Film Review by Jon E Clist
Charlie Brown, Snoopy, Lucy, Linus and the rest of the beloved "Peanuts" gang make their big-screen debut, like they've never been seen before, in state of the art 3D animation. Charlie Brown, the world's most beloved underdog, embarks upon an epic and heroic quest, while his best pal, the lovable beagle Snoopy, takes to the skies to pursue his arch-nemesis, the Red Baron. From the imagination of Charles M. Schulz and the creators of the ICE AGE films, THE PEANUTS MOVIE will prove that every underdog has his day.
Charlie Brown and Snoopy have been around for as long as I can remember. The Peanuts American comic strip was written and illustrated by Charles M. Schulz, and ran from October 2, 1950, to February 13, 2000. It has continued as reruns since then. This is the first Peanuts film since the death of creator Charles M. Schulz in 2000 and in fact it is the first theatrical Peanuts movie in 35 years. So you could say that the world has been waiting for this little semi bald big headed kid to return to the big screen with his loveable little scoundrel dog. This movie is being released 50 years after "A Charlie Brown Christmas", the first Peanuts animated short, as well as being released 65 years after the first Peanuts comic strip. Oh and I should point out that Charles Schulz said that Charlie Brown is in fact not bald. He has blonde hair, but it is so transparent, you can't see it.
I think that I can honestly say that I loved this film. It had beautiful sweeping animation that paid wonderful respect to the original hand drawn style of the comic strip series from which this has come. In fact, there are lots of little nods to the past. Various steps were taken with the animation to emulate the original look and feel of the comics and the previous animated specials. For example, the trees and other foliage in the background are static and never billow or sway in the wind. Even on the characters, their animation appears "jagged" and skippy. This was done to emulate the low quality hand drawn animation that the Peanuts television specials were known for.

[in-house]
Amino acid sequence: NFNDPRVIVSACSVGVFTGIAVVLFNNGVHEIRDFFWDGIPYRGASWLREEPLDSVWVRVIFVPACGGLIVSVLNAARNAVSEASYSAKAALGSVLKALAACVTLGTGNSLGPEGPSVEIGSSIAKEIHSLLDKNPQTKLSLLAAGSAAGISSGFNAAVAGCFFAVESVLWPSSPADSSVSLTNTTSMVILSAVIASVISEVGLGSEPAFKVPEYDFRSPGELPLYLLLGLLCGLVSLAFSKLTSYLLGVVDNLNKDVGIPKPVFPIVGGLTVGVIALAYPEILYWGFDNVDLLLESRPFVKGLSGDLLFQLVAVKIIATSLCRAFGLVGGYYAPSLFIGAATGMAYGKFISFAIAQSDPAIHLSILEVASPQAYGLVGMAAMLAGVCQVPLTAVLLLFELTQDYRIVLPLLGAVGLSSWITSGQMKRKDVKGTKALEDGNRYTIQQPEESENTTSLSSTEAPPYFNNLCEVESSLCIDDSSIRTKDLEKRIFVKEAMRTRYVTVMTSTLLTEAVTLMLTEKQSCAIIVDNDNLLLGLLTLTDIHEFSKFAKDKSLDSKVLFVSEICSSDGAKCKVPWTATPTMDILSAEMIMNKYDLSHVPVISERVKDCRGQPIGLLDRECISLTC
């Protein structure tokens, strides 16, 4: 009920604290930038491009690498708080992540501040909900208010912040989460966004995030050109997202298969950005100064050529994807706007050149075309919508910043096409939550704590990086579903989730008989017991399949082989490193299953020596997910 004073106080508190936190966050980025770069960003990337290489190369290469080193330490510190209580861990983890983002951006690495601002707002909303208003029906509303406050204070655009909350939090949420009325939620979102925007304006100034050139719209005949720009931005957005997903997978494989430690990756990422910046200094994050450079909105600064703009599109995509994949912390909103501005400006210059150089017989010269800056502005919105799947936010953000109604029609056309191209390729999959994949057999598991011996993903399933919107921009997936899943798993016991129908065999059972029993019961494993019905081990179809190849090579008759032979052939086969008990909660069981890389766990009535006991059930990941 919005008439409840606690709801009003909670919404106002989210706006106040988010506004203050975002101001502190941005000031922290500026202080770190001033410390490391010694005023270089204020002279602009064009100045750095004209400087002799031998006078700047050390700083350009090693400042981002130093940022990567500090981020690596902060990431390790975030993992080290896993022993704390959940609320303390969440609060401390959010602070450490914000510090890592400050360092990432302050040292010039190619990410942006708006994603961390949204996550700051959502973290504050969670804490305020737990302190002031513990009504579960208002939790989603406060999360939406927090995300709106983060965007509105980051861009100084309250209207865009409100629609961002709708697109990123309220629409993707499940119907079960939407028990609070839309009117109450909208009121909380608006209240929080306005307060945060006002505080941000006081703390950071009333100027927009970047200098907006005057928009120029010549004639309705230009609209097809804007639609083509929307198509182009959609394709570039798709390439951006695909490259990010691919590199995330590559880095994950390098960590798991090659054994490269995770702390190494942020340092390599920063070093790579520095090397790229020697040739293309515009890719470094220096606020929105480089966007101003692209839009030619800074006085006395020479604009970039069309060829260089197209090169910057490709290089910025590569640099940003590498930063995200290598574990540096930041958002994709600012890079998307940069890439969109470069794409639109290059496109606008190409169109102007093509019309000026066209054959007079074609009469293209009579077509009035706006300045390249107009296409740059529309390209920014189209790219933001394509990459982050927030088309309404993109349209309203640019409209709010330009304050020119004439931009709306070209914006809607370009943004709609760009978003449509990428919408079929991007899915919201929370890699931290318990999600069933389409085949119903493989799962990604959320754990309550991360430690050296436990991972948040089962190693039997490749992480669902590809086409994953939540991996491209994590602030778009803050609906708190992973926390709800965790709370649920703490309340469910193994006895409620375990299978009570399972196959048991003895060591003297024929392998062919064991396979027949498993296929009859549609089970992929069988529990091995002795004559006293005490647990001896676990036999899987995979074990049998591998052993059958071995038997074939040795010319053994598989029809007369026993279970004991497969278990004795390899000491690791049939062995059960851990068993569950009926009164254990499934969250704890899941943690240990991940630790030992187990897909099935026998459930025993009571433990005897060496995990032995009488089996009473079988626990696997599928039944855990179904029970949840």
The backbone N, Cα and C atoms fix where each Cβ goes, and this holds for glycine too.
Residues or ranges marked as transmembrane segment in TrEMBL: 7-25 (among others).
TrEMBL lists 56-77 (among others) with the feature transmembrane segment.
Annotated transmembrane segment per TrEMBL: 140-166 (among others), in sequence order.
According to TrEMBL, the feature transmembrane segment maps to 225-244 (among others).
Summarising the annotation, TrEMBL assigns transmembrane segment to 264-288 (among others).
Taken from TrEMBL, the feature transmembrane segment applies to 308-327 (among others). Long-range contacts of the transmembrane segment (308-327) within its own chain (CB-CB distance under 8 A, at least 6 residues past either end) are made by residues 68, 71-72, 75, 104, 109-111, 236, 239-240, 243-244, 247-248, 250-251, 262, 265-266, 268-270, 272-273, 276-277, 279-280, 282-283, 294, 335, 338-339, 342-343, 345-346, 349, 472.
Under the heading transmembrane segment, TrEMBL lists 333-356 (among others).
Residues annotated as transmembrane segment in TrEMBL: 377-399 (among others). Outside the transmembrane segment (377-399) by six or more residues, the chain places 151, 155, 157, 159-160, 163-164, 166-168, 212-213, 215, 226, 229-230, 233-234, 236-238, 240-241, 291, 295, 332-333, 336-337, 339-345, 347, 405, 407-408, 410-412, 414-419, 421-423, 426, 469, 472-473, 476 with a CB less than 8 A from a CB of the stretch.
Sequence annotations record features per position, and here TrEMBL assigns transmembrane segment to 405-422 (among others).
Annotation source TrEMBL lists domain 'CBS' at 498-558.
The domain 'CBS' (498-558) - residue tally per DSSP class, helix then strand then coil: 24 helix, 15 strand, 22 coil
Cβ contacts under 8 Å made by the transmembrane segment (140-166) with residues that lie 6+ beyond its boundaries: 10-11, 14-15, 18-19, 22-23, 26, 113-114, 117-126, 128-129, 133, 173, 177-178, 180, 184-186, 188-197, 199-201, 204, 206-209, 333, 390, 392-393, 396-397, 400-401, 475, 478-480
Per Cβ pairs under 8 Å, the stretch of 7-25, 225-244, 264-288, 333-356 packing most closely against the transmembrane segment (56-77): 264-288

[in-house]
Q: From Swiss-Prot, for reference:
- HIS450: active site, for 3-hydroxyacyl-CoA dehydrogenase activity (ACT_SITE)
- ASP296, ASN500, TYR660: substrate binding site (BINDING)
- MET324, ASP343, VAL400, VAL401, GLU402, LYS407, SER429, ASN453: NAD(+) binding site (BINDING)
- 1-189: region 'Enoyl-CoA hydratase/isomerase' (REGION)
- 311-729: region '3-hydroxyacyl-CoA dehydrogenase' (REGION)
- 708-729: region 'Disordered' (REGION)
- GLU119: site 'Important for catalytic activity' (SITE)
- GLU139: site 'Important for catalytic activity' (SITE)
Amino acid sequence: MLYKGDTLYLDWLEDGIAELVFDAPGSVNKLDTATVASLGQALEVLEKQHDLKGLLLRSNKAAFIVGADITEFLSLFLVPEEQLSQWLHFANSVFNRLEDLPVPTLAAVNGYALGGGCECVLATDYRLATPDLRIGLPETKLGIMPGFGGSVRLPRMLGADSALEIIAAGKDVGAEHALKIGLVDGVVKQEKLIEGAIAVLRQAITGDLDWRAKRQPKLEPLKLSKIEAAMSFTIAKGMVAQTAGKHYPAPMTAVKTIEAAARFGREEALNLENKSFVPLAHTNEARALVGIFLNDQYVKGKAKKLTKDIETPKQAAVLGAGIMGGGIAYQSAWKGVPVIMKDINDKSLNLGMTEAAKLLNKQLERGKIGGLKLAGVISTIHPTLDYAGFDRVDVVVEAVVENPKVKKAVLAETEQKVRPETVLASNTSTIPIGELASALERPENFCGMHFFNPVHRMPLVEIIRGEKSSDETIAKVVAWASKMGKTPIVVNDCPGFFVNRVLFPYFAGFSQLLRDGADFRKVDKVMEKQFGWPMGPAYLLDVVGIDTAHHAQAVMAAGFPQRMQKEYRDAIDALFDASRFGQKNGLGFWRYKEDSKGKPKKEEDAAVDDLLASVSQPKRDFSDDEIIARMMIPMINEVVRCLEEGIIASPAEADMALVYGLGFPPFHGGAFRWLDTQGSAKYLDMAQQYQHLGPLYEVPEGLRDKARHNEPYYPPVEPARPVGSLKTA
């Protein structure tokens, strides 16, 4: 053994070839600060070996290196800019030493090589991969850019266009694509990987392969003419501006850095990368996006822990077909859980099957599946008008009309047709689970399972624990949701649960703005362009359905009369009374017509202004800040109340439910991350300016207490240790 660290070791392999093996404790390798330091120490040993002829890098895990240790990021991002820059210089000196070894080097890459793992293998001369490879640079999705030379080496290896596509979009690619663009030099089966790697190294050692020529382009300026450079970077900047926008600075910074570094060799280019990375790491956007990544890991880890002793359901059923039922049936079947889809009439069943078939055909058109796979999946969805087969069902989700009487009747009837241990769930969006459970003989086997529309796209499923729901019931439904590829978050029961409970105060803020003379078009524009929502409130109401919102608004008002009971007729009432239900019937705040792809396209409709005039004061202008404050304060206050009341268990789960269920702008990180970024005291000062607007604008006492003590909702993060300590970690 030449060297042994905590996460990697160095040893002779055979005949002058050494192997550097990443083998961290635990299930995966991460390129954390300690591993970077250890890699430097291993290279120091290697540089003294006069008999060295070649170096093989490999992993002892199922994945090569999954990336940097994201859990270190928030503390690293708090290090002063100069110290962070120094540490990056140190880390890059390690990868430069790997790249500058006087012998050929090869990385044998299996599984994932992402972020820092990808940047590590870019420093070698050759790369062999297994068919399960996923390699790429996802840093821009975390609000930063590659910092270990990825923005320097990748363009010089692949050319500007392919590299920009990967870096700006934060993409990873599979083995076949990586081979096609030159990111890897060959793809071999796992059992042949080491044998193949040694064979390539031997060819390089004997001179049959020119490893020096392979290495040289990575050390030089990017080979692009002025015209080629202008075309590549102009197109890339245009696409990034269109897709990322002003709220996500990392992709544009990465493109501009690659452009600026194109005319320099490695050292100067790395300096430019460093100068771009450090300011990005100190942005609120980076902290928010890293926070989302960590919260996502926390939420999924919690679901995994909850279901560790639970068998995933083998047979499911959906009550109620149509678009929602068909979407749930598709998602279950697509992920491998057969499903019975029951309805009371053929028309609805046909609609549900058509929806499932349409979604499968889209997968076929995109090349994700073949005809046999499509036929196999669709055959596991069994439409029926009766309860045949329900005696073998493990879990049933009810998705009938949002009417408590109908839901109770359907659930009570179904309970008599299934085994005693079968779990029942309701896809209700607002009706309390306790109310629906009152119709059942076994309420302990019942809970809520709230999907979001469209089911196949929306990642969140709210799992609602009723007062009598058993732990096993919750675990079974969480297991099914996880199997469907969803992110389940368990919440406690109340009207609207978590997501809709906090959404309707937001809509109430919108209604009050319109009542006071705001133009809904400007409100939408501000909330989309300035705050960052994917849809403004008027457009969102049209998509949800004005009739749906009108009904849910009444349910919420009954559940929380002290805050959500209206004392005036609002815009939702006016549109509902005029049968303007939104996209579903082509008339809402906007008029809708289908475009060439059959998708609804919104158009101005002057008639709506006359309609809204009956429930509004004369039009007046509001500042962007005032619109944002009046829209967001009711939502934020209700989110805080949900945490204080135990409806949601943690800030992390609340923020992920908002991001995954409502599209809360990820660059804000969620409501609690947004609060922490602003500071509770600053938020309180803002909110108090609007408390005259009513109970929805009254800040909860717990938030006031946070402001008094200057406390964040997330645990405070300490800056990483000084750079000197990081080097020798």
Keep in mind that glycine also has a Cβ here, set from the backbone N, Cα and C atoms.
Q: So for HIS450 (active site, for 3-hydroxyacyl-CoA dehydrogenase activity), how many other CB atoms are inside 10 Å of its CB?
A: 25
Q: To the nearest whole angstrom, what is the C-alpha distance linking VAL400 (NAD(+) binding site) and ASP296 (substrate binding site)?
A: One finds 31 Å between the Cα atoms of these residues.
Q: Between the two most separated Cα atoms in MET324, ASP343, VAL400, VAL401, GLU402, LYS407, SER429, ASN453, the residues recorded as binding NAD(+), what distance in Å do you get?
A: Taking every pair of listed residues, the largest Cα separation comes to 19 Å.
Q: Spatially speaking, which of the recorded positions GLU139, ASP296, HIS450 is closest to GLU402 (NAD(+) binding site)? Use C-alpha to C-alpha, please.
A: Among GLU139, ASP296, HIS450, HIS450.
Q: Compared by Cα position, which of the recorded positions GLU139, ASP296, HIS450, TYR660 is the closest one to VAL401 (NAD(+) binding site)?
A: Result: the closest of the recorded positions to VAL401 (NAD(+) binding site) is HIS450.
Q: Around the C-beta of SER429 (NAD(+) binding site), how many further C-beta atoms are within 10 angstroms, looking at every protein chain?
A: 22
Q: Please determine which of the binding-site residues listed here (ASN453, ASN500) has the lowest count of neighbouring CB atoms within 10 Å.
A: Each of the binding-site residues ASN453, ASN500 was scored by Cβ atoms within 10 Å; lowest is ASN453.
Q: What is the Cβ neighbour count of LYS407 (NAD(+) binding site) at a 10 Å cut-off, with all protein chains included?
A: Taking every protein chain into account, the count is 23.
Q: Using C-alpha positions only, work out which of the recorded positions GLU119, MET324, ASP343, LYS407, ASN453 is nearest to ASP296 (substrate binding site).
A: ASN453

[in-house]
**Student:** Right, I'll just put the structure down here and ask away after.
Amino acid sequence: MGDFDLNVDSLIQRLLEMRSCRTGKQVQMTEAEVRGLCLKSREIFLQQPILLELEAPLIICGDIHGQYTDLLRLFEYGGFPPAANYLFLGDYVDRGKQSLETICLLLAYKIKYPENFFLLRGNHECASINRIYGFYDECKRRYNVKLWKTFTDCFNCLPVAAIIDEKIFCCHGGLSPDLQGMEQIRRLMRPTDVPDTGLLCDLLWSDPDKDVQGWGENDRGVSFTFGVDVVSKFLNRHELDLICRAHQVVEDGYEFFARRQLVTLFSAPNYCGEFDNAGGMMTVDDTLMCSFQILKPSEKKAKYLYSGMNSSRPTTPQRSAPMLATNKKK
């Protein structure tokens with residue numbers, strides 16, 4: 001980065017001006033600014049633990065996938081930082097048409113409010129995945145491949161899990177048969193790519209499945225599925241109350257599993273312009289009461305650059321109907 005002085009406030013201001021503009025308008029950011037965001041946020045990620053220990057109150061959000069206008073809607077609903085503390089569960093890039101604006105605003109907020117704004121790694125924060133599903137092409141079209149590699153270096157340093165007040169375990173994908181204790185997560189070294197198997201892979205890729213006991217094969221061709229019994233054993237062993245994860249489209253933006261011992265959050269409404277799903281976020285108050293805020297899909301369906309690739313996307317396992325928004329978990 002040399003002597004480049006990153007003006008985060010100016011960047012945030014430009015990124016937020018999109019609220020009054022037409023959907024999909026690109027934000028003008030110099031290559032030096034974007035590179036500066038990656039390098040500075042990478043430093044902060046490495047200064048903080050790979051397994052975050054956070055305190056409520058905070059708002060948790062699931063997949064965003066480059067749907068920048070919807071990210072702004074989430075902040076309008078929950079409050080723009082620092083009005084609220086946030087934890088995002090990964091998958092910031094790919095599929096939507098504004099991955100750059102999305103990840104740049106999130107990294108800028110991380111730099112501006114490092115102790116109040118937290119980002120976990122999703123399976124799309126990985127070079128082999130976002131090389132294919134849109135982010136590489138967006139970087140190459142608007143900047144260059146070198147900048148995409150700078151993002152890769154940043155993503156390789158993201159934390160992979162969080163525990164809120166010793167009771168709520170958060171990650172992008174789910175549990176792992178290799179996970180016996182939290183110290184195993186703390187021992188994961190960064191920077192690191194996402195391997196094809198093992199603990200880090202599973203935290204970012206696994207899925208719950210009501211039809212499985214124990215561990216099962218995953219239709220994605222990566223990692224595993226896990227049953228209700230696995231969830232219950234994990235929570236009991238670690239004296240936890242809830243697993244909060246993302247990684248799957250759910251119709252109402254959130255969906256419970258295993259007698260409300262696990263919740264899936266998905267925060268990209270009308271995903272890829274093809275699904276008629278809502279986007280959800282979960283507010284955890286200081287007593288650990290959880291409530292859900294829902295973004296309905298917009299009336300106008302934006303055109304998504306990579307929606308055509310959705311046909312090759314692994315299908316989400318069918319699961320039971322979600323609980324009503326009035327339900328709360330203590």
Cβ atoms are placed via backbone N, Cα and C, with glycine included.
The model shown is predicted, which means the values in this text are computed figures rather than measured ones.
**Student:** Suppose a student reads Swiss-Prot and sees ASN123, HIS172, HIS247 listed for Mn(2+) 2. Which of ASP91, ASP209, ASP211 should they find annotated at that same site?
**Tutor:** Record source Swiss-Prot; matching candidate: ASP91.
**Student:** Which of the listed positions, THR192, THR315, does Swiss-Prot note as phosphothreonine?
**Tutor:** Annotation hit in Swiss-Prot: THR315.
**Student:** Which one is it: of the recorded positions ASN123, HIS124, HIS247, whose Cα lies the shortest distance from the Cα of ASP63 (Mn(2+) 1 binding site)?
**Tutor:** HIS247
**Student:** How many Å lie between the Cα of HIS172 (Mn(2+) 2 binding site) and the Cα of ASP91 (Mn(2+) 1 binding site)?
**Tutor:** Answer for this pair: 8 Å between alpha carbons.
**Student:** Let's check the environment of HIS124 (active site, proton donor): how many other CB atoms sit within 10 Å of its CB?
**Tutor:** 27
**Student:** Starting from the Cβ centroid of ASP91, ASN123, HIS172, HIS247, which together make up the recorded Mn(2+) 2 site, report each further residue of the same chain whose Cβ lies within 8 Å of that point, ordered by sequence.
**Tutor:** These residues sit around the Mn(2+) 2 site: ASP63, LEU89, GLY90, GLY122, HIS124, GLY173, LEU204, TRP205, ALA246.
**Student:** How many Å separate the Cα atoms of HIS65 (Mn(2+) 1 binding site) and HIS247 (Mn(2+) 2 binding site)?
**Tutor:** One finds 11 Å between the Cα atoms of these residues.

For the most part the story is exactly what you would expect and fits well within the whole concept of a Charlie Brown tale. He is the unlikely champion the underdog whose actual dog is more of the leading man than him. This is a film about acceptance and just being you.
Somethings to look out for when watching the film is that the name of the Little Red Haired Girl is seen on the list of student's rankings on the standardized test. She is #4 on the list and her name is indicated as 'Heather Wold'. The name 'Heather' was first attached to her in the special "It's Your First Kiss, Charlie Brown" in 1977.
Plus, during the sequence where Snoopy (as the World War I Flying Ace) is struggling to return to his airfield, he is briefly shown sporting a wiry mustache as he is crawling through the desert. This is a reference to Snoopy's brother Spike, who was named after Charles Schultz's childhood dog and appeared infrequently in the comics. Spike wore the same mustache and lived in the desert country near Needles, California.
A wonderful family film to head out to and enjoy.
Releases: 1st January 2016
Duration: 93 minutes
Duration: 93 minutes
Starring: Noah Schnapp, Hadley Belle Miller, AJ Tecce, Noah Johnston, Venus Schultheis, Alexander Garfin
Director: Steve Martino (Horton Hears A Who)
Snoopy's noises and Woodstock's chirpings are recycled from old Bill Melendez recordings.
On the sheet that shows all the standard test scores, it reveals the Little Red-Haired Girl's name to be Donna Wold, which was the name of the real-life inspiration for the character.